I would be very surprised if any of you – even those living in northern states — have ever seen a Canada lynx. I’ve never seen one, despite working on wildlife conservation in northern states for years. But I sure want to, and I want future generations to share the same chance, or better…. That’s why protecting lynx habitat is so important!
Canada lynx are rare in the lower 48 states and stick to snowy, forested, northern regions where they can hunt snowshoe hares, their primary prey. Because of their unique habitat requirements, lynx populations are clumped into isolated ‘islands’ of forest habitat in parts of Montana, Idaho, Wyoming, Colorado, Washington, Minnesota, Maine, New Hampshire, and Vermont.
What is “Critical Habitat” anyway?
This mid-sized cat was officially protected under the Endangered Species Act in 2000 in response to a petition and litigation from Defenders and our colleagues. But just protecting the species is not good enough—we also need to protect its critical habitat, the places essential to the species’ conservation. When critical habitat is designated by the U.S. Fish and Wildlife Service (FWS), it simply requires that we check to see if activities that require a federal permit, license, or funding (such as building roads, energy development, and timber management) will destroy or negatively impact that habitat. It’s a simple and sensible “look before you leap” precaution. Throughout the Canada lynx’s range, direct and indirect impacts from logging, road building, fire suppression and recreation threaten the existence of the species. To give the species a chance of adapting to the warming climate in the lower 48, they need a well-connected, robust population, and they need to be able to reclaim habitats in some places where past human activity may have wiped them out or driven them away.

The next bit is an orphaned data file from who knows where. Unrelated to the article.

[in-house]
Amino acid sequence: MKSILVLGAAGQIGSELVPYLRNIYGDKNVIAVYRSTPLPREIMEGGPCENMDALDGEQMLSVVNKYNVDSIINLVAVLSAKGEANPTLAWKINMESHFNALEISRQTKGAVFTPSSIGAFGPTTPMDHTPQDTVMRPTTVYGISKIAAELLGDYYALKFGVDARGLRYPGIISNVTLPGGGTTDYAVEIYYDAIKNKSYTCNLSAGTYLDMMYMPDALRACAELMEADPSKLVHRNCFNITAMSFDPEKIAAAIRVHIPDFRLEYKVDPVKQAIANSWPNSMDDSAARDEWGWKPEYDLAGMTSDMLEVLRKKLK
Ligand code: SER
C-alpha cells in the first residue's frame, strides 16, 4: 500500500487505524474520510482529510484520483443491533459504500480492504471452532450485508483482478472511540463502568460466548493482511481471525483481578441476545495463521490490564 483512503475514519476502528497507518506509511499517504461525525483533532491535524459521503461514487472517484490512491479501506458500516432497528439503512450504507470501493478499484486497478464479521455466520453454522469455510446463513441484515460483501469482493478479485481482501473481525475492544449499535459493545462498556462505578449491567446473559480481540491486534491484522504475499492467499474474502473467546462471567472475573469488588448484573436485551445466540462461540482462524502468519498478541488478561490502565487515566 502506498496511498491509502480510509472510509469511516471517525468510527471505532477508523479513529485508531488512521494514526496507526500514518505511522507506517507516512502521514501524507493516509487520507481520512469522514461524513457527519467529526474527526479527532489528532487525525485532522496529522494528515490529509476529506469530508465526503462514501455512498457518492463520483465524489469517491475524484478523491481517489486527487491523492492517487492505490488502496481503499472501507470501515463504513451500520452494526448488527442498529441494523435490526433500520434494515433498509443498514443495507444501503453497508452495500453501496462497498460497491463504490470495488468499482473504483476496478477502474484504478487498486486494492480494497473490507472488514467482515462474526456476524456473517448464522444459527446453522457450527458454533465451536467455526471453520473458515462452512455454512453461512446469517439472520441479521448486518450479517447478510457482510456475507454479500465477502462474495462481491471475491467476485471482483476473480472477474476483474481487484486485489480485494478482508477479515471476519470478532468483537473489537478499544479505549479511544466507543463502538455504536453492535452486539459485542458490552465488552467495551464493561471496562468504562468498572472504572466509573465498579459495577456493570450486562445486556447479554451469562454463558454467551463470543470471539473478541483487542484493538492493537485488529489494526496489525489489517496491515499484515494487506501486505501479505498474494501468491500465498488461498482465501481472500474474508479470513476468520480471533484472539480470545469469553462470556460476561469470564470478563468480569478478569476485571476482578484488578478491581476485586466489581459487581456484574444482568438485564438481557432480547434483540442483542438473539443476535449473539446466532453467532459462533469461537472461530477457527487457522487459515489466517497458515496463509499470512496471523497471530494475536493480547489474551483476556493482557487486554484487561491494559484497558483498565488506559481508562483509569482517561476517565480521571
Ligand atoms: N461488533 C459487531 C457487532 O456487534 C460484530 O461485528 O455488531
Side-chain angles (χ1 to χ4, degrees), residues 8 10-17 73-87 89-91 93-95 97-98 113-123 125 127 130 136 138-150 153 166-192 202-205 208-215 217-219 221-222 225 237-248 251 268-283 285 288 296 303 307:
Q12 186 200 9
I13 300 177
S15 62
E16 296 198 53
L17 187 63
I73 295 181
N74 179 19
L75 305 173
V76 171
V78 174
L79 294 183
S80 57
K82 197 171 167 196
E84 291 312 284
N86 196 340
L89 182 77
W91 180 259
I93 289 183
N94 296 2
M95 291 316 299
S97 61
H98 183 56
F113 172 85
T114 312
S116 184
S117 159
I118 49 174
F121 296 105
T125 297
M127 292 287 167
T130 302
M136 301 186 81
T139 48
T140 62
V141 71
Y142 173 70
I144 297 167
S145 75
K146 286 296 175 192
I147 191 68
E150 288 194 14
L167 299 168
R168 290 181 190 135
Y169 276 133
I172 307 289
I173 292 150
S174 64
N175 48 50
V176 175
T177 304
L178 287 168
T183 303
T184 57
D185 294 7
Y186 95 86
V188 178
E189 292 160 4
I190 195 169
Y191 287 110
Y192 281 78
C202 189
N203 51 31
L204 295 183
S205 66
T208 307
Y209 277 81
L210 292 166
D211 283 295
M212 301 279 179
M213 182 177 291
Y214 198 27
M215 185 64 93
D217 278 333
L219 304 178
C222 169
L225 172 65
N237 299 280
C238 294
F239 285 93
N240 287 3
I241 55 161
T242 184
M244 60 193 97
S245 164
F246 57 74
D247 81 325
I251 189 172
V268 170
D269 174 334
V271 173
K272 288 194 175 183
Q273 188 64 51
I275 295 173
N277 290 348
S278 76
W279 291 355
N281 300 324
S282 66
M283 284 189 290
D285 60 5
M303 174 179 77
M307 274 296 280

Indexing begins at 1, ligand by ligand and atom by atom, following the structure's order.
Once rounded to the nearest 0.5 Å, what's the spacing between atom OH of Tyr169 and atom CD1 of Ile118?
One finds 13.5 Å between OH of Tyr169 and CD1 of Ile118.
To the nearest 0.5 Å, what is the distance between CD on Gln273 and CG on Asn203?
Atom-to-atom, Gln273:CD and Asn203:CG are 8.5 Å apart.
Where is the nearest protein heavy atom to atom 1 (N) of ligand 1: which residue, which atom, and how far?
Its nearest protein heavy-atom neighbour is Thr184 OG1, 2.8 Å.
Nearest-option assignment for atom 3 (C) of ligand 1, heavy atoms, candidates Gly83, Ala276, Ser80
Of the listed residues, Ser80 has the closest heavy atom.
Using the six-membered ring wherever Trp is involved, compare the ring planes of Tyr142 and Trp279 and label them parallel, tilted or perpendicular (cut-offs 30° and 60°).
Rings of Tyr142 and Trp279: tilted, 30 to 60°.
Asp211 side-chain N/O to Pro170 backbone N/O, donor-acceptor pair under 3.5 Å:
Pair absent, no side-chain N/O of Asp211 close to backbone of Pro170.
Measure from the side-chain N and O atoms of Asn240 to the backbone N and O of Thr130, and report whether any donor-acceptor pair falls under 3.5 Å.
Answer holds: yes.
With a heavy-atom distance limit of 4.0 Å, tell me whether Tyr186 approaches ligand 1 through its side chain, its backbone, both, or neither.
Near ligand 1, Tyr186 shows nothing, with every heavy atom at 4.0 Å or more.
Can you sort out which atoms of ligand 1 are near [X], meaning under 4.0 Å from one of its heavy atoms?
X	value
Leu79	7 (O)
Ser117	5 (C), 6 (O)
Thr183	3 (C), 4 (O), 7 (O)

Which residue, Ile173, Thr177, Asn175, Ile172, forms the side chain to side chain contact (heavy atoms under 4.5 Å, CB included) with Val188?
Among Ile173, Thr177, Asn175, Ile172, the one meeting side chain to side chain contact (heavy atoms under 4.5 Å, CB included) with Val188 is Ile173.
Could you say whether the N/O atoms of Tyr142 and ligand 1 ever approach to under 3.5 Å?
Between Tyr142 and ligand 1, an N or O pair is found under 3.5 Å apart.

The Battle over Lynx Critical Habitat
The long and drawn-out battle over designating lynx critical habitat began in 2006 when the FWS’s initial designation was essentially limited to national parks that were already protected, and was thrown out by the courts after evidence that the decision was altered for political purposes by Bush Administration officials. At the time, Defenders and our conservation allies threatened to take legal action and urged the FWS to revisit its flawed critical habitat designation. The agency’s second designation in February 2009 covered a much larger area—approximately 40,000 square miles, 20 times the amount of land as the 2006 proposal—but this was challenged in courts in 2010 and a revision was again needed. So now, we’re looking to ensure that the third time is the charm!
What You Can Do To Help
Earlier this year, FWS released a proposal to revise lynx critical habitat. Defenders’ team is currently working on analyzing and submitting our comments on that proposal to ensure that these changes help put lynx on the road to long-term recovery throughout its range.
Now is the time for you to participate in helping lynx maintain high-quality habitat into the future! The public comment period is open until December 26, 2013, to give folks the opportunity to weigh in on the proposal for the critical habitat revision. Click here to submit a comment!
Here are some talking points you can use to craft your comment to USFWS and help protect habitat for our vulnerable lynx:
- I support expanding the Endangered Species Act’s protections to lynx ‘‘where found within contiguous United States.’’ This is a logical step to better protect lynx wherever they roam, as they sometimes travel far and wide.
- I also applaud the proposed designation of more than 41,000 square miles as critical habitat in parts of Maine, Minnesota, Montana, Idaho, Washington, and Wyoming. Lynx need this entire habitat to remain intact and of high quality.
- Parts of Colorado, Vermont, New Hampshire, and Maine have known reproducing populations of lynx and high quality lynx habitat and should also be designated as critical habitat. The Kettle Range in northeastern Washington also contains high quality lynx habitat and persistent evidence of lynx occupancy. It should also be designated as critical habitat. Each of these areas is essential to lynx recovery!
Kylie Paul, Rockies & Plains Representative